Pray On It
Her spiritual powers keep the family in line
By Norris Burkes
PK is an old-time church abbreviation for “preacher’s kid.”
My wife and I are both PKs. Her dad pastored Fairvale Baptist Church for 49 years in Fair Oaks. My father pastored multiple churches, moving us every three or four years to a different California congregation.
We were PKs and proud of it. But my siblings and I knew our title was sometimes applied in a pejorative sense to describe bratty kids that ran unabated through the sanctuary before and after service.
As in when the choir director stage-whispered to the choir, “Wouldn’t you know it? It’s those PKs running through here like hooligans!”
My mom used to advise me that if I was ever asked why PKs don’t behave, I should tell my detractor that PKs are bratty because they spend too much time around DKs—deacon’s kids.
I suppose it was inevitable that Becky and I would have our own gaggle of PKs. After I graduated from seminary, we welcomed our firstborn the way most people do. But over the next five years we moved through the process of adopting a sibling group of three.
So, I often tell people we have one homemade child and three store-bought children. My humor means no disrespect to the adoption choice. In fact, quite the opposite.
I use the expression to convey a sense of purposeful decision. We didn’t simply want more children. We wanted these children.
But I must tell you prayer was the only way we could raise four children.
And Mrs. Chaplain was a PW. No, not pastor’s wife.
She has a reputation as a PW, prayer warrior. I use the term warrior because her prayers sometimes result in people getting hurt.
Some years ago, she prayed that our college-age daughter, Sara, would find a way to get more rest. Sara was a world traveler, an avid lacrosse player and majoring in three subjects.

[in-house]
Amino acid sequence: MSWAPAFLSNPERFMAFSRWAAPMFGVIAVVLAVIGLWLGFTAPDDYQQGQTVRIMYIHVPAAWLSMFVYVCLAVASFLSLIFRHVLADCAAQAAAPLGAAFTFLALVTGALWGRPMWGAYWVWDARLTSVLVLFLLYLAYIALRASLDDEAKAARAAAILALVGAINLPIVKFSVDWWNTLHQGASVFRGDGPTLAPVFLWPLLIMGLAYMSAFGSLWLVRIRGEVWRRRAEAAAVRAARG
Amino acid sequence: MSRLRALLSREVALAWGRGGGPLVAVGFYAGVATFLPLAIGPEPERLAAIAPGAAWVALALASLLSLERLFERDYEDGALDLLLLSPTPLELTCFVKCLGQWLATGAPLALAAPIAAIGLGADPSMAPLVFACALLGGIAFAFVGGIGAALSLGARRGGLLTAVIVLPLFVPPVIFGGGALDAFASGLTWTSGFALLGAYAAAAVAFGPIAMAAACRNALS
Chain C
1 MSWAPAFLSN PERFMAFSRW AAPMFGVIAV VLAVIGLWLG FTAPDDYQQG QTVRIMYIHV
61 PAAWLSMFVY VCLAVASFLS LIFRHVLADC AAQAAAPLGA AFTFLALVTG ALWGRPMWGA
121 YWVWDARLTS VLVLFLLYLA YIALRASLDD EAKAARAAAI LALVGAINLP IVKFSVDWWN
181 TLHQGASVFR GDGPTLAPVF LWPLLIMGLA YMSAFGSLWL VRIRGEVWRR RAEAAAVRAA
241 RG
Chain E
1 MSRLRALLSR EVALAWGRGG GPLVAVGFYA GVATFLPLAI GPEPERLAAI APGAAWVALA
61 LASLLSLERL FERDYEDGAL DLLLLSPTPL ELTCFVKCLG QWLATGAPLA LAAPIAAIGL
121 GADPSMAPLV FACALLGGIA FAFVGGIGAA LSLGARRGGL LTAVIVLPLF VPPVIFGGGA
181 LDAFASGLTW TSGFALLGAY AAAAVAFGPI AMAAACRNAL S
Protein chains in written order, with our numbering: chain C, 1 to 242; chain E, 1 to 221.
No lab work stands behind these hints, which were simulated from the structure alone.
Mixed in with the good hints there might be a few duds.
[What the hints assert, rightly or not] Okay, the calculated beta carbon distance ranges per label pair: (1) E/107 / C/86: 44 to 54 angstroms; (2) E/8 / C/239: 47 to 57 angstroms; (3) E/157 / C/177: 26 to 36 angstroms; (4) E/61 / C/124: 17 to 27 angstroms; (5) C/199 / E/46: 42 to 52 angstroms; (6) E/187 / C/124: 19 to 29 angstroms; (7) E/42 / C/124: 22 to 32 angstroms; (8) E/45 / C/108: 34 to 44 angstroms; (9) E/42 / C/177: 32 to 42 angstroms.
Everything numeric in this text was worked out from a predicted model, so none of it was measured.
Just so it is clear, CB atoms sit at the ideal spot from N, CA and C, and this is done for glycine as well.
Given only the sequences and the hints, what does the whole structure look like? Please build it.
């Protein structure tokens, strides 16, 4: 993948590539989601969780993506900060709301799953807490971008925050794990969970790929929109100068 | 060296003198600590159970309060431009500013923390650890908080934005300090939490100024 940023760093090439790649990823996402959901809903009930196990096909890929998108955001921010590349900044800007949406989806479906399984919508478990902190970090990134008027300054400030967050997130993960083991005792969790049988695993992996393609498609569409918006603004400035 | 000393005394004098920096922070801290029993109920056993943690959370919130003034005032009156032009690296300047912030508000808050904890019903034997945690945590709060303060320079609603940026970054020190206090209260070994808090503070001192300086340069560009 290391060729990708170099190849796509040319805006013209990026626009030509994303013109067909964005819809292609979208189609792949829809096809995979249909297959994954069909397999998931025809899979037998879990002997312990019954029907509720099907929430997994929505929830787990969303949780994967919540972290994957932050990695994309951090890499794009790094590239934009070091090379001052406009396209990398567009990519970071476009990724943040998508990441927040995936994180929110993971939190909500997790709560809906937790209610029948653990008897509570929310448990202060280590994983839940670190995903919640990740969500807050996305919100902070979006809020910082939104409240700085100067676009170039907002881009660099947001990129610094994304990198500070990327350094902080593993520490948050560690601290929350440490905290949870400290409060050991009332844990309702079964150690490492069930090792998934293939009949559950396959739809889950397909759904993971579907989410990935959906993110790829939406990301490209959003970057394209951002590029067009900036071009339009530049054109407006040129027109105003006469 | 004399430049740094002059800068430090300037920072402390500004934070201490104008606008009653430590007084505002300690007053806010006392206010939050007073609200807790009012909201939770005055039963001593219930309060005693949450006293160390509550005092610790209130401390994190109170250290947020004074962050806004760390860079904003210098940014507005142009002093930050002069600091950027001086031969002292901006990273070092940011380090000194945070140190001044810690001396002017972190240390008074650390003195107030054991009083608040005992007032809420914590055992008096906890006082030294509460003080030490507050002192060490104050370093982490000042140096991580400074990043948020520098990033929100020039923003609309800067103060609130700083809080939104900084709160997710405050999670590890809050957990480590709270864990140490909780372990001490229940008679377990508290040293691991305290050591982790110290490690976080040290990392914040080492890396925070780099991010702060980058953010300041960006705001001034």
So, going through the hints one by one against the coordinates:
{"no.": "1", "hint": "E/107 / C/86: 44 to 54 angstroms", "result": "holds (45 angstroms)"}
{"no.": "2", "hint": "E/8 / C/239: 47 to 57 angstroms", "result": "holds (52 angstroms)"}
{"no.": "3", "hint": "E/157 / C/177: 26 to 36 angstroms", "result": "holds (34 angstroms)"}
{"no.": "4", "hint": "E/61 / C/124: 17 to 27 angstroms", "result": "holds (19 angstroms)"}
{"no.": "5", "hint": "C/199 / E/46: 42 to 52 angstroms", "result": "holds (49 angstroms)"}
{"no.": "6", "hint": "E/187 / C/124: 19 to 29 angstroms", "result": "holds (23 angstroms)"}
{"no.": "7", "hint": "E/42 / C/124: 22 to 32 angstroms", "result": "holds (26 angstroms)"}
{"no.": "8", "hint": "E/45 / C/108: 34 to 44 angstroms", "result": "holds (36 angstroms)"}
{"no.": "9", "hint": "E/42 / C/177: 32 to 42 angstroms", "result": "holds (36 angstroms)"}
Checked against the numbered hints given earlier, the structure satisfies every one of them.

Prayer outcome: A week later, Sara broke her thumb. It wasn’t an ordinary break. It required surgery and rehab. I guess the prayer worked. Sara dropped her extracurricular activities and lived a slower-paced life.
Simultaneously, my wife prayed to find more quality time with our then 12-year-old daughter, Nicole. With Sara recovered from thumb surgery, Nicole broke her foot. The doctor prescribed no walking, and Nicole spent many hours with Becky during the next two months. Prayer request granted.
About the same time, Becky started praying for me. Like my oldest daughter, I had been keeping a hectic schedule.
Becky prayed I’d reduce my writing deadlines to spend quality time with family. Her prayer established a “target lock” on me one Saturday afternoon as I finished a writing project and was assembling my entry for a contest, all while multitasking on a sermon in the midst of making travel arrangements for another cross-country speaking tour.
I grabbed my chest. Pain stretched from navel to throat. Breathing hurt. I thought, heartburn, I’ll be OK. But as a hospital chaplain, I’d heard too many people sing the heartburn tune of denial that later turned out to be their funeral dirge.
With the calm demeanor of a drowning rat, I asked my PW to drive me to the emergency room. Within a few minutes of arrival, I took my first nitroglycerin tablet. The pain subsided.
The short version of this story is I spent 23 hours in the cardiac ward under observation. Diagnosis: heartburn from hell.
The prayer hit its mark with precision, but fortunately was only a warning shot. My busy schedule slowed significantly. My wife cut another notch in her prayer belt.
At this point, I should say if you’ve read this far and still want me to pass on a prayer request to the PW, be forewarned. I’ll ask you to sign a release form.
Norris Burkes can be reached at firstname.lastname@example.org. Follow us on Facebook, Twitter and Instagram: @insidesacramento. Burkes is available for public speaking at civic organizations, places of worship, veterans groups and more. For details and fees, visit thechaplain.net.